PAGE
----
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    Thursday, May 21, 2009

    Harassed online, teen star bites back

    Miley Cyrus, aka Disney's Hannah Montana, has tweeted against cyberbullies. She "posted an angry tirade on her Twitter page following a flurry of criticism about her weight after she joked about her thighs jiggling," Reuters reports. She told her harassers to stop calling her fat, writing, "I don't even like the word. Those remarks that you hateful people use are fighting words, the ones that scar people and cause them to do damage to themselves or others." She suggested that people who spend a lot of time gossiping should "read their Bible" and articles about how cyberbullying affects people. Reuters adds that, over the past 10 years, 37 US states have adopted laws requiring schools to implement anti-bullying policies.

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    Wednesday, April 29, 2009

    Anti-gay bullying most pervasive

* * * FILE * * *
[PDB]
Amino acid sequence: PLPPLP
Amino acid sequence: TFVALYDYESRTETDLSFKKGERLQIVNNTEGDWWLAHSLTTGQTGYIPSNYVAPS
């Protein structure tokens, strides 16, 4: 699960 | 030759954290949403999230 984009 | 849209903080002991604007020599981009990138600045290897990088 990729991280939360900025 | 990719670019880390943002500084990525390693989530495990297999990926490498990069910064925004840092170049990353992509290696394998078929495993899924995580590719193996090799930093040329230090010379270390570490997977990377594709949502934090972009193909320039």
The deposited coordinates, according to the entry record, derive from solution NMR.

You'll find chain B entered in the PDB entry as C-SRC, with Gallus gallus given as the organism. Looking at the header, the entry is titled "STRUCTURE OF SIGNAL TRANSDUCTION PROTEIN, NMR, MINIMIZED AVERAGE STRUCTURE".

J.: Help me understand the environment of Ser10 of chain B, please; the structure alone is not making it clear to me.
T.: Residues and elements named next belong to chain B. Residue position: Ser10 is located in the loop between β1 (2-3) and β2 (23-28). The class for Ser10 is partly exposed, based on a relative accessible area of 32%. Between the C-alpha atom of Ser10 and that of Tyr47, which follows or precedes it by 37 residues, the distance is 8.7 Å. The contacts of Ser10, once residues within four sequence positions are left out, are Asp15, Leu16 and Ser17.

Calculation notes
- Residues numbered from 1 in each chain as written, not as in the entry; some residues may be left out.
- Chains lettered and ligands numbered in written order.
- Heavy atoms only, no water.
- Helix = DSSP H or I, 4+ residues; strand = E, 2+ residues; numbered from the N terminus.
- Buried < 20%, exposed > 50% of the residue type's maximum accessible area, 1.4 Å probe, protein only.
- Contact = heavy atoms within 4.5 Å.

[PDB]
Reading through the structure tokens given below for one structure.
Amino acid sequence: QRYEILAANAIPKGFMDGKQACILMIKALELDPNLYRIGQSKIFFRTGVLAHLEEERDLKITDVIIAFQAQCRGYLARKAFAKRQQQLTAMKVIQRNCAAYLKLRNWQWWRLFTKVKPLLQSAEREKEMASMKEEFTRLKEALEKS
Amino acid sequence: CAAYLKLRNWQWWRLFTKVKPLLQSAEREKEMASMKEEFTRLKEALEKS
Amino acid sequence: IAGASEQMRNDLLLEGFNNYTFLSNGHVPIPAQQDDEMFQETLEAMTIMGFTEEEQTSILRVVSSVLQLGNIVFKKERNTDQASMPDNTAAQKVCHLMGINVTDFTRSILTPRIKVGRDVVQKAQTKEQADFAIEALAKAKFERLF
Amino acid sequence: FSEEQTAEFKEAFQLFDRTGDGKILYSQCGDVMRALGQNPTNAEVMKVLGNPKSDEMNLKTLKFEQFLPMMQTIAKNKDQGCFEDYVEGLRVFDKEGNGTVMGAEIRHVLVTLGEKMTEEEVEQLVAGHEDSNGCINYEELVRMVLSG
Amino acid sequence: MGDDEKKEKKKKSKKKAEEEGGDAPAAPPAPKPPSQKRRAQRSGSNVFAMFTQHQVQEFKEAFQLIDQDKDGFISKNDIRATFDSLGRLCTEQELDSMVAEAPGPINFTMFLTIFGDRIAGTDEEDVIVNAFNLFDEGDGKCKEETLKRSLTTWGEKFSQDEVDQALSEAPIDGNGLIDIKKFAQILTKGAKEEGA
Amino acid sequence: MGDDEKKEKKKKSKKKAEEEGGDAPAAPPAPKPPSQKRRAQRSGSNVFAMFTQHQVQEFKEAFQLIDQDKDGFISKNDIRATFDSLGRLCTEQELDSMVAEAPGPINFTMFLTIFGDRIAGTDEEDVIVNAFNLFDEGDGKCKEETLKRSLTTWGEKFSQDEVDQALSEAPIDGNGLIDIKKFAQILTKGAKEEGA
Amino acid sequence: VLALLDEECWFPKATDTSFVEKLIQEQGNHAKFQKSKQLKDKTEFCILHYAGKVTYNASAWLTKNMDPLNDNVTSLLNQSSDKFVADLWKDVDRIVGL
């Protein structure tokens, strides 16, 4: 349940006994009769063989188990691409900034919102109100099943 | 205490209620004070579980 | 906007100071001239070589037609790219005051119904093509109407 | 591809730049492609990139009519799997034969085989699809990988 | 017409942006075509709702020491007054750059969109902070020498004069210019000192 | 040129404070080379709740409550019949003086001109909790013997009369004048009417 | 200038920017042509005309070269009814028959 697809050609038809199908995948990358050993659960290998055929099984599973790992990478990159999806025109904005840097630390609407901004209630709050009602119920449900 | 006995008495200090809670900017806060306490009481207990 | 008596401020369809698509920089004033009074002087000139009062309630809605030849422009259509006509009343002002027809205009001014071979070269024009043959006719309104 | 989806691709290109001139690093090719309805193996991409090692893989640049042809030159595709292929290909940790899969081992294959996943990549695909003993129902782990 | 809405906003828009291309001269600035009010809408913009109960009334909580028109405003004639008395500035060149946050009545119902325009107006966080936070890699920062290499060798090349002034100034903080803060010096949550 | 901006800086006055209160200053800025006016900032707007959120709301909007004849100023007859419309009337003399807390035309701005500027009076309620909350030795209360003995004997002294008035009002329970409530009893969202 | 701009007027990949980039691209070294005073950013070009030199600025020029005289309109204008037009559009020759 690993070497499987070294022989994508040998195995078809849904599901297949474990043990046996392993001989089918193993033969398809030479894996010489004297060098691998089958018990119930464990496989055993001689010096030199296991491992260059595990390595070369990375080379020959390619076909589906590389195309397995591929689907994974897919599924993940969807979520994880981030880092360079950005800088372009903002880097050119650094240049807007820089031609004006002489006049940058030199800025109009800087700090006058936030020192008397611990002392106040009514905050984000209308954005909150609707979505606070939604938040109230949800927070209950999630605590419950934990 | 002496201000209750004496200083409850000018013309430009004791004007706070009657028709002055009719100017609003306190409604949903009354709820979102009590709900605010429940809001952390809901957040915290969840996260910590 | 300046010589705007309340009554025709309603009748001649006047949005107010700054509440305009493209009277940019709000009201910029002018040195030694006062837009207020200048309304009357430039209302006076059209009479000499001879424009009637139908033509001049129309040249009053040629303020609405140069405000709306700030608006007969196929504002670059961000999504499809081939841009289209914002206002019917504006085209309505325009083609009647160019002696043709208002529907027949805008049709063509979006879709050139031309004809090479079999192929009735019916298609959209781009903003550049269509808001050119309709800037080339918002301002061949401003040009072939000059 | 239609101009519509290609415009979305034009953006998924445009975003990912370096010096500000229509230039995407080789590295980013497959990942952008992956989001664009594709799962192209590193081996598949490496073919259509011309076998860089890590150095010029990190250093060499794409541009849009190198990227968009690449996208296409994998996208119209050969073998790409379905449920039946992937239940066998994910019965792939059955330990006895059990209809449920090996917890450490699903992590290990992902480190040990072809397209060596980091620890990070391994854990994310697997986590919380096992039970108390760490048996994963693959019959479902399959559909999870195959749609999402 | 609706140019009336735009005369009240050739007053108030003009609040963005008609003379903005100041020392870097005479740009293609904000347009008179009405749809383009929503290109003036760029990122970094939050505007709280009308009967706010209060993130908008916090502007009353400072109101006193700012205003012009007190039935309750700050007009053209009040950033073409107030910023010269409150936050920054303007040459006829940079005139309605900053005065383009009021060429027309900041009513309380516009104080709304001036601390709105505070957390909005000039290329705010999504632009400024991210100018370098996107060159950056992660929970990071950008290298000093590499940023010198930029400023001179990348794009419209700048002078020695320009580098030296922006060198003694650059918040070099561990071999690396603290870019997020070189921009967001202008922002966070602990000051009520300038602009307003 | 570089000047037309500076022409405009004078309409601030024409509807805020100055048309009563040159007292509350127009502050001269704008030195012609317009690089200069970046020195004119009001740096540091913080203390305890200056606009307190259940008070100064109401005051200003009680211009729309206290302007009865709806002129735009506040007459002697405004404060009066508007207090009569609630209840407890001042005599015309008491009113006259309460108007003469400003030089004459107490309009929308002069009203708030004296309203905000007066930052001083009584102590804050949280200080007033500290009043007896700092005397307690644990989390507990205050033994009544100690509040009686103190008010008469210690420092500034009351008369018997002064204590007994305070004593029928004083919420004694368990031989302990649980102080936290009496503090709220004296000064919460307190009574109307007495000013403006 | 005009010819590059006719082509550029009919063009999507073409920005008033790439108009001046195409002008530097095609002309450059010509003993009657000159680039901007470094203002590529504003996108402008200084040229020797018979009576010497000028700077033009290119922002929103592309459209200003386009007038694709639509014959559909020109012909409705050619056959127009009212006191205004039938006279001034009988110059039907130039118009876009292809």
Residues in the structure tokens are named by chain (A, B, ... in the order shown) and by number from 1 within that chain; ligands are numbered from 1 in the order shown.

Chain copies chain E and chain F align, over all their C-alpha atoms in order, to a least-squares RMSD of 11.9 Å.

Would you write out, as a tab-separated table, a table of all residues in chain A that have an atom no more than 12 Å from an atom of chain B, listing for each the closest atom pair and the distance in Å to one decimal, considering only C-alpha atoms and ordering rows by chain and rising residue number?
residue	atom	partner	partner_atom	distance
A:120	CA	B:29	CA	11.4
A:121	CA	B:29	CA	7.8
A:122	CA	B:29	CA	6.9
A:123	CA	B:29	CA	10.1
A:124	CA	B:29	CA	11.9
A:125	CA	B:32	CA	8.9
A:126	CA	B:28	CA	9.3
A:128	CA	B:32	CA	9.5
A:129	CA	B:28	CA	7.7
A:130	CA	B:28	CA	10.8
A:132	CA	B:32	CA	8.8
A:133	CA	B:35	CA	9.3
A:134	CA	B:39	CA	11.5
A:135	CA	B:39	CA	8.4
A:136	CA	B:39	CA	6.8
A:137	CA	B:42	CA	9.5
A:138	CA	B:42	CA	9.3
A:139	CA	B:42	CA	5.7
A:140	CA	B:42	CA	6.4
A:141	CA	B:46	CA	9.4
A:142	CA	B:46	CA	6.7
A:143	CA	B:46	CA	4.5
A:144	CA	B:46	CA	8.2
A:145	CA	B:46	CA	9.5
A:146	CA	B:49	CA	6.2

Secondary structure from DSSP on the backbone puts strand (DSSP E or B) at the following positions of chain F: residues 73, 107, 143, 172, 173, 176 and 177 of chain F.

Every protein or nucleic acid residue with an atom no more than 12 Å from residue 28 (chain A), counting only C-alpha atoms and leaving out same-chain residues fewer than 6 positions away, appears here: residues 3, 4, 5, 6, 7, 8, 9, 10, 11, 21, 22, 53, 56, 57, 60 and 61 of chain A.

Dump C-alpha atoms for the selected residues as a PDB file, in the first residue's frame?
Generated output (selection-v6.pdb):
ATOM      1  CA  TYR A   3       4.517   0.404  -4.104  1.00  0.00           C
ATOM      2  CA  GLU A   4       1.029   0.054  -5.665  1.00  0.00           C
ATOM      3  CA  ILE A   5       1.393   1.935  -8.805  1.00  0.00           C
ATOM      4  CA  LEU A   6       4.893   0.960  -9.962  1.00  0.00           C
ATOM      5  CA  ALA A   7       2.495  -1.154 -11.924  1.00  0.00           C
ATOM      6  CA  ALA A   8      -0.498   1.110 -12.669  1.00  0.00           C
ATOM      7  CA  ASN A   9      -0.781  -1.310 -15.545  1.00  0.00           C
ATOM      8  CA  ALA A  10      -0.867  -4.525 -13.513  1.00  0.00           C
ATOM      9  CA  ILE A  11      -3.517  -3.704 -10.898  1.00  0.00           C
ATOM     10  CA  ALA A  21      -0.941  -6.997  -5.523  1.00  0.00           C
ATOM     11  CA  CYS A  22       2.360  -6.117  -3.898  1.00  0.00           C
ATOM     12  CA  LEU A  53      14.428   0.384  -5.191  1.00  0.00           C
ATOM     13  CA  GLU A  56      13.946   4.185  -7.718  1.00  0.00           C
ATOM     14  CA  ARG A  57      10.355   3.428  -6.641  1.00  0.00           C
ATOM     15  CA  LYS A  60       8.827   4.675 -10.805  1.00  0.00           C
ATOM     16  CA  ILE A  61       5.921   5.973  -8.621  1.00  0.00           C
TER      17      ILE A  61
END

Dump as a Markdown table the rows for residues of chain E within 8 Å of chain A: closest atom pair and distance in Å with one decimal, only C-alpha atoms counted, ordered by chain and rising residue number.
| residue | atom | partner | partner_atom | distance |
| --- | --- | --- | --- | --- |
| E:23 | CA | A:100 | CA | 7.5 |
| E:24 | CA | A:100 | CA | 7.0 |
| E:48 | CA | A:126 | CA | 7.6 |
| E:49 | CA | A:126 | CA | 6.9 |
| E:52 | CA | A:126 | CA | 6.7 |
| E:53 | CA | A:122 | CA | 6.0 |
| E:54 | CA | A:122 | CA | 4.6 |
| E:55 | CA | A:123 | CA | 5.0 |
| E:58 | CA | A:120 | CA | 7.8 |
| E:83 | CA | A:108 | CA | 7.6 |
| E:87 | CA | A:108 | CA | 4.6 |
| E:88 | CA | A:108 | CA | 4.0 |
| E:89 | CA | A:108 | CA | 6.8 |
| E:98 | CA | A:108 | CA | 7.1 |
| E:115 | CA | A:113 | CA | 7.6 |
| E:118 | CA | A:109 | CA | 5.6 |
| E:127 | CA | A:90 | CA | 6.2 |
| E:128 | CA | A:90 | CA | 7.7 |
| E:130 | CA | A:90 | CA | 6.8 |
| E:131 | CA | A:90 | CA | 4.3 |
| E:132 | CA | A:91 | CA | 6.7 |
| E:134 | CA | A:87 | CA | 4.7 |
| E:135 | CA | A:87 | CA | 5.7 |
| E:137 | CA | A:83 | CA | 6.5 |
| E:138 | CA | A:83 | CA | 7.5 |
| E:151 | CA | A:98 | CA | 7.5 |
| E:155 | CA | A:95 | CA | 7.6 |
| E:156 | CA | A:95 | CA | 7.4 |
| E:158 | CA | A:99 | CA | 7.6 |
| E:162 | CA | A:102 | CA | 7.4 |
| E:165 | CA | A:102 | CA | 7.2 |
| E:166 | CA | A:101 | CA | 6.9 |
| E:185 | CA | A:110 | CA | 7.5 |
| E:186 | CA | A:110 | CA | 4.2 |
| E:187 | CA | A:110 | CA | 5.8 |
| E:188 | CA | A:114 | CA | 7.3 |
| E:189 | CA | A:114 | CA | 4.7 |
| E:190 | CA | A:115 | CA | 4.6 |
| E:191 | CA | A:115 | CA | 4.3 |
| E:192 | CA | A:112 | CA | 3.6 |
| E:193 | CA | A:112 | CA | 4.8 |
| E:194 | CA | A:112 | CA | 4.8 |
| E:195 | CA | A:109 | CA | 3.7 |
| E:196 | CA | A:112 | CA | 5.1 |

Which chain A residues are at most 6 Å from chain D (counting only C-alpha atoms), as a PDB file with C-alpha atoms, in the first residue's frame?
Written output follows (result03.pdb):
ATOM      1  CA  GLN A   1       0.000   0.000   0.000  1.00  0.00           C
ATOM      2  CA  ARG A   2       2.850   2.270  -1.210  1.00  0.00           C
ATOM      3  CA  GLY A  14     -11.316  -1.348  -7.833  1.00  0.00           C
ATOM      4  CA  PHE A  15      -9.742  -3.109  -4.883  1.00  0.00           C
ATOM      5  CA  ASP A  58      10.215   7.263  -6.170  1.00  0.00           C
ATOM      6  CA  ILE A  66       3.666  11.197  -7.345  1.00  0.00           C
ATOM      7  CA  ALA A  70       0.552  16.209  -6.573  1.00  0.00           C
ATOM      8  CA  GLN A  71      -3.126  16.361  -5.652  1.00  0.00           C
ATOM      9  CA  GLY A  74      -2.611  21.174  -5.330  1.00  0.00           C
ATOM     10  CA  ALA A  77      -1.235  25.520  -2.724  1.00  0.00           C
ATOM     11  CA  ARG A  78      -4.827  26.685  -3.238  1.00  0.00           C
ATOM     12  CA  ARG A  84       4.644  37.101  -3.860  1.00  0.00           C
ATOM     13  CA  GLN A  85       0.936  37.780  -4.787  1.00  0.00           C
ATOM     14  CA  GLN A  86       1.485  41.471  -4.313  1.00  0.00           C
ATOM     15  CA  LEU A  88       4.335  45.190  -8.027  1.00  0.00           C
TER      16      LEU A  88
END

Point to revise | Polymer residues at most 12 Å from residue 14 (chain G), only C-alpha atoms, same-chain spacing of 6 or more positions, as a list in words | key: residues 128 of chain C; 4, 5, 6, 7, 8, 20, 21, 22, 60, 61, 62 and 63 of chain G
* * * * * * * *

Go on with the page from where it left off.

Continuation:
This month two 11-year-olds, Carl Joseph Walker-Hoover of Springfield, Mass., and Jaheem Herrera of DeKalb County, Ga. - neither of whom identified as gay - committed suicide after anti-gay harassment and bullying at school. "Lesbian, gay, bisexual, transgender and questioning youth are up to four times more likely to attempt suicide than their heterosexual peers," the Salt Lake Tribune reports, adding that "two of the top three reasons secondary school students said their peers were most often bullied at school were actual or perceived sexual orientation and gender expression." The Tribune was citing research by the Gay, Lesbian & Straight Education Network and Harris Interactive. New York Times columnist Charles Blow cites even more data in an eloquent column, "Two Little Boys," where he considers why bullying of any kind, including what Carl and Jaheem endured, is so devastating for kids: "Children can’t see their budding lives through the long lens of wisdom - the wisdom that benefits from years passed, hurdles overcome, strength summoned, resilience realized, selves discovered and accepted, hearts broken but mended and love experienced in the fullest, truest majesty that the word deserves. For them, the weight of ridicule and ostracism can feel crushing and without the possibility of reprieve." GLSEN's latest study, its just-released "Harsh Realities," can be found here.